Magazine article The Spectator

The Reign of King John

Magazine article The Spectator

The Reign of King John

Article excerpt

The reign of King John Michael Vestey THE HARDER PATH by John Birt Time Warner Books, L20, pp. 511, ISBN 0316860190

When, in these pages, John Birt expresses wonderment at how the boy from Bootle went on to become the 12th director general of the BBC, to enter the House of Lords and be an adviser to the prime minister it is a sentiment shared by many. The clue probably lies in the brutal Irish Christian Brothers school he went to, St Mary's in Liverpool, where beatings with the strap were carried out sadistically every day. The boys even had a name for it: Strapology.

A fellow pupil at the school has since said that as a result it tended to produce authoritarian figures who also knew how to be submissive towards the masters to avoid punishments. In other words, people who knew how to creep. Looking at Birt's career he seems to have won over a number of people in authority, among them Margaret Thatcher when she was prime minister, the former chairman of the BBC Governors Duke Hussey, and latterly Tony Blair, whom he now advises on transport policy.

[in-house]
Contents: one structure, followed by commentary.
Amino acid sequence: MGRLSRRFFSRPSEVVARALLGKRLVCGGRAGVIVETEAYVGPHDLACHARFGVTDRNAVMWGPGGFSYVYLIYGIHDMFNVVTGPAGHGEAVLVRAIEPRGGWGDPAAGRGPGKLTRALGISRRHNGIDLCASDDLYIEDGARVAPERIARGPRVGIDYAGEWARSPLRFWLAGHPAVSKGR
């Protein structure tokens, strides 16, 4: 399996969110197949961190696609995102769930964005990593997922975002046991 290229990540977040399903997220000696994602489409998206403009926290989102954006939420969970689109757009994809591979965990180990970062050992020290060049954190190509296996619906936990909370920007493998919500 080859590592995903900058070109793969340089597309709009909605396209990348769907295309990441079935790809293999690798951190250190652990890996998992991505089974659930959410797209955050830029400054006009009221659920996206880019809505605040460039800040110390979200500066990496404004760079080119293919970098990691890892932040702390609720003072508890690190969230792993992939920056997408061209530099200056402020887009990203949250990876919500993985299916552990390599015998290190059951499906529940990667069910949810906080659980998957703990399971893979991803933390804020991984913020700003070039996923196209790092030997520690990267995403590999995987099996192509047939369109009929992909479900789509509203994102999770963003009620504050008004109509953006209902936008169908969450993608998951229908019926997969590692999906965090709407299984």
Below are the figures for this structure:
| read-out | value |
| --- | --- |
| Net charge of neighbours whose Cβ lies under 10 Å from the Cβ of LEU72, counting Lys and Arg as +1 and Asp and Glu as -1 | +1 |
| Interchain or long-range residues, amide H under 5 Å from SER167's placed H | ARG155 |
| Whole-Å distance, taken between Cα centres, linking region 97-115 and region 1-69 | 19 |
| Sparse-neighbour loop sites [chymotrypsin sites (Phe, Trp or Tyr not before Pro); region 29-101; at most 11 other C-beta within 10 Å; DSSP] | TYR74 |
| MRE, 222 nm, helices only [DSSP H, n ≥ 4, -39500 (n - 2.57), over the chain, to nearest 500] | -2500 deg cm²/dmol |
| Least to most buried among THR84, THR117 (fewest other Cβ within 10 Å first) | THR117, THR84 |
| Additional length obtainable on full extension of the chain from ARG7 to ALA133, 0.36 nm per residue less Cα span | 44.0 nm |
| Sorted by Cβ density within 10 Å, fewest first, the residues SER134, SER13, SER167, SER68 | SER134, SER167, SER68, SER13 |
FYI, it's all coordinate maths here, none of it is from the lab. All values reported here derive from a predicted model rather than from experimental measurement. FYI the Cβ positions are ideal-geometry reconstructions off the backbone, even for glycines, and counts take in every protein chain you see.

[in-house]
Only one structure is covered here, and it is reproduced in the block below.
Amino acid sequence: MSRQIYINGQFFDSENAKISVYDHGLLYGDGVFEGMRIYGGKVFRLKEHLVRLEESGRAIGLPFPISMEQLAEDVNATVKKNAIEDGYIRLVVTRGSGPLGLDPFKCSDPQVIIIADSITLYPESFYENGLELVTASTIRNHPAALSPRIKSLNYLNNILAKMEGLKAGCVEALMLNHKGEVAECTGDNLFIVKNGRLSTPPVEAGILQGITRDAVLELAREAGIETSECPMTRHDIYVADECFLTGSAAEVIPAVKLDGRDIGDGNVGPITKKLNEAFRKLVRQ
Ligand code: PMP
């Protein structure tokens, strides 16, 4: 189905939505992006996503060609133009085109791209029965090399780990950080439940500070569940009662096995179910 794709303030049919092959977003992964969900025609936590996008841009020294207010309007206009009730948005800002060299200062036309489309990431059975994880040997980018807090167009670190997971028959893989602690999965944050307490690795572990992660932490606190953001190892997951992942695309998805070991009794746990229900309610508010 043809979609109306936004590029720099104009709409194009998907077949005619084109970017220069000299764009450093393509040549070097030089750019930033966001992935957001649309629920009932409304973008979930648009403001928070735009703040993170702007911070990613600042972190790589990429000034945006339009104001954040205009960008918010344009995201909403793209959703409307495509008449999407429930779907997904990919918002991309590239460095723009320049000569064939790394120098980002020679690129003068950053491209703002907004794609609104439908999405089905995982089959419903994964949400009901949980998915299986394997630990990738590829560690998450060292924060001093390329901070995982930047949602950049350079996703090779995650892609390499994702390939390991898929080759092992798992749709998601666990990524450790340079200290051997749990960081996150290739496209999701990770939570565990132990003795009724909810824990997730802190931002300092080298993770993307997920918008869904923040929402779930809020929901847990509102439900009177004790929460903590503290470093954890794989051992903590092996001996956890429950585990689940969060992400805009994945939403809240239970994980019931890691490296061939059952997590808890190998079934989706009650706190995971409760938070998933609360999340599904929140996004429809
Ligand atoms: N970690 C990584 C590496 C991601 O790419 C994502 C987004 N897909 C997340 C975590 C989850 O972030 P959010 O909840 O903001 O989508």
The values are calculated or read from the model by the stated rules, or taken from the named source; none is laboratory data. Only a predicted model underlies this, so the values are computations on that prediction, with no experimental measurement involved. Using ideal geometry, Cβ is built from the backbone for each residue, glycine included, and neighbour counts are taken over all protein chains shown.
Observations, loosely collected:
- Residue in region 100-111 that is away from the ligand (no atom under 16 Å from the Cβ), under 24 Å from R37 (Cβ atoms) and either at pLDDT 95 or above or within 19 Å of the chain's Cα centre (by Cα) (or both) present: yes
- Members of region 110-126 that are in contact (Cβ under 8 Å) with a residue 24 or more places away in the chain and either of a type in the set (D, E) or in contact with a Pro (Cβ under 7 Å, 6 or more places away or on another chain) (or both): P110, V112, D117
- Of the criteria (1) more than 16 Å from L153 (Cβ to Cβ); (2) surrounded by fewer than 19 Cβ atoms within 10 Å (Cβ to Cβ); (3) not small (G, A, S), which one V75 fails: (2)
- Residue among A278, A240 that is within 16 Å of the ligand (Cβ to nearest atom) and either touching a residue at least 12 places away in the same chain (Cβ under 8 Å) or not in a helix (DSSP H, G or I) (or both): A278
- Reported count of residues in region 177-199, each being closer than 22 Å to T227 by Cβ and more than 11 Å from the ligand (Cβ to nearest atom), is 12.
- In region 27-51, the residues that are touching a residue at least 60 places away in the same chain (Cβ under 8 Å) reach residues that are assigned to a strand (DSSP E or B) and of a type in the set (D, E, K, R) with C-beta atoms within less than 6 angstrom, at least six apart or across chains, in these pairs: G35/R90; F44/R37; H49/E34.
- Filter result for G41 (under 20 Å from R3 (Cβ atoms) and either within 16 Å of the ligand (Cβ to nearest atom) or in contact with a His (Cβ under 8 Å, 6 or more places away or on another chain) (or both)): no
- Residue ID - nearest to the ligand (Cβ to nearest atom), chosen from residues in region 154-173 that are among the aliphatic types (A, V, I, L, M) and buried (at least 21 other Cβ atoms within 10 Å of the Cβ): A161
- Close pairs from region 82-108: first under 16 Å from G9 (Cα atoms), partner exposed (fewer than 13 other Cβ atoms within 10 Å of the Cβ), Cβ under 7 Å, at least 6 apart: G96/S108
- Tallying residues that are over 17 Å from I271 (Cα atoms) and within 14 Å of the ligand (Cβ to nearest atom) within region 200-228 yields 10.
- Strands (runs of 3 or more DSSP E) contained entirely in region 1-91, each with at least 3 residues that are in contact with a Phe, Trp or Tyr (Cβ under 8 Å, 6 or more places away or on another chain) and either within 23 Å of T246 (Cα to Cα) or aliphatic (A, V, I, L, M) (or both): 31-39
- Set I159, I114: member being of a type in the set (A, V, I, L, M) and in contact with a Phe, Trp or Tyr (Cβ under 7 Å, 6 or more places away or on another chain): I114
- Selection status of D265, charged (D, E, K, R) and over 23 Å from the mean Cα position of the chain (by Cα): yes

In fact, Birt knew how to charm politicians, which, to be fair, is a necessary talent for a BBC director general. Politicians, gripped by their own certainties and beliefs, cannot understand why an organisation like the BBC, funded by a compulsory tax, can produce programmes that might criticise them. Deep down, and often without realising it, they expect the BBC to be tame. Alasdair Milne was sacked as director general in 1987 because he didn't have much time for politicians and had allowed his television current affairs department at Lime Grove to mount sometimes dubious programmes about the Tory government and defence policy. It was out of control and showed bias.

Birt, brought in as deputy director general, did at least introduce controls but in such a way that many programmes were rigid, often dull and rather obvious explanations about current affairs, fitting his socalled Mission to Explain ideas, first outlined by him and Peter Jay, about how television should cover complex issues. …

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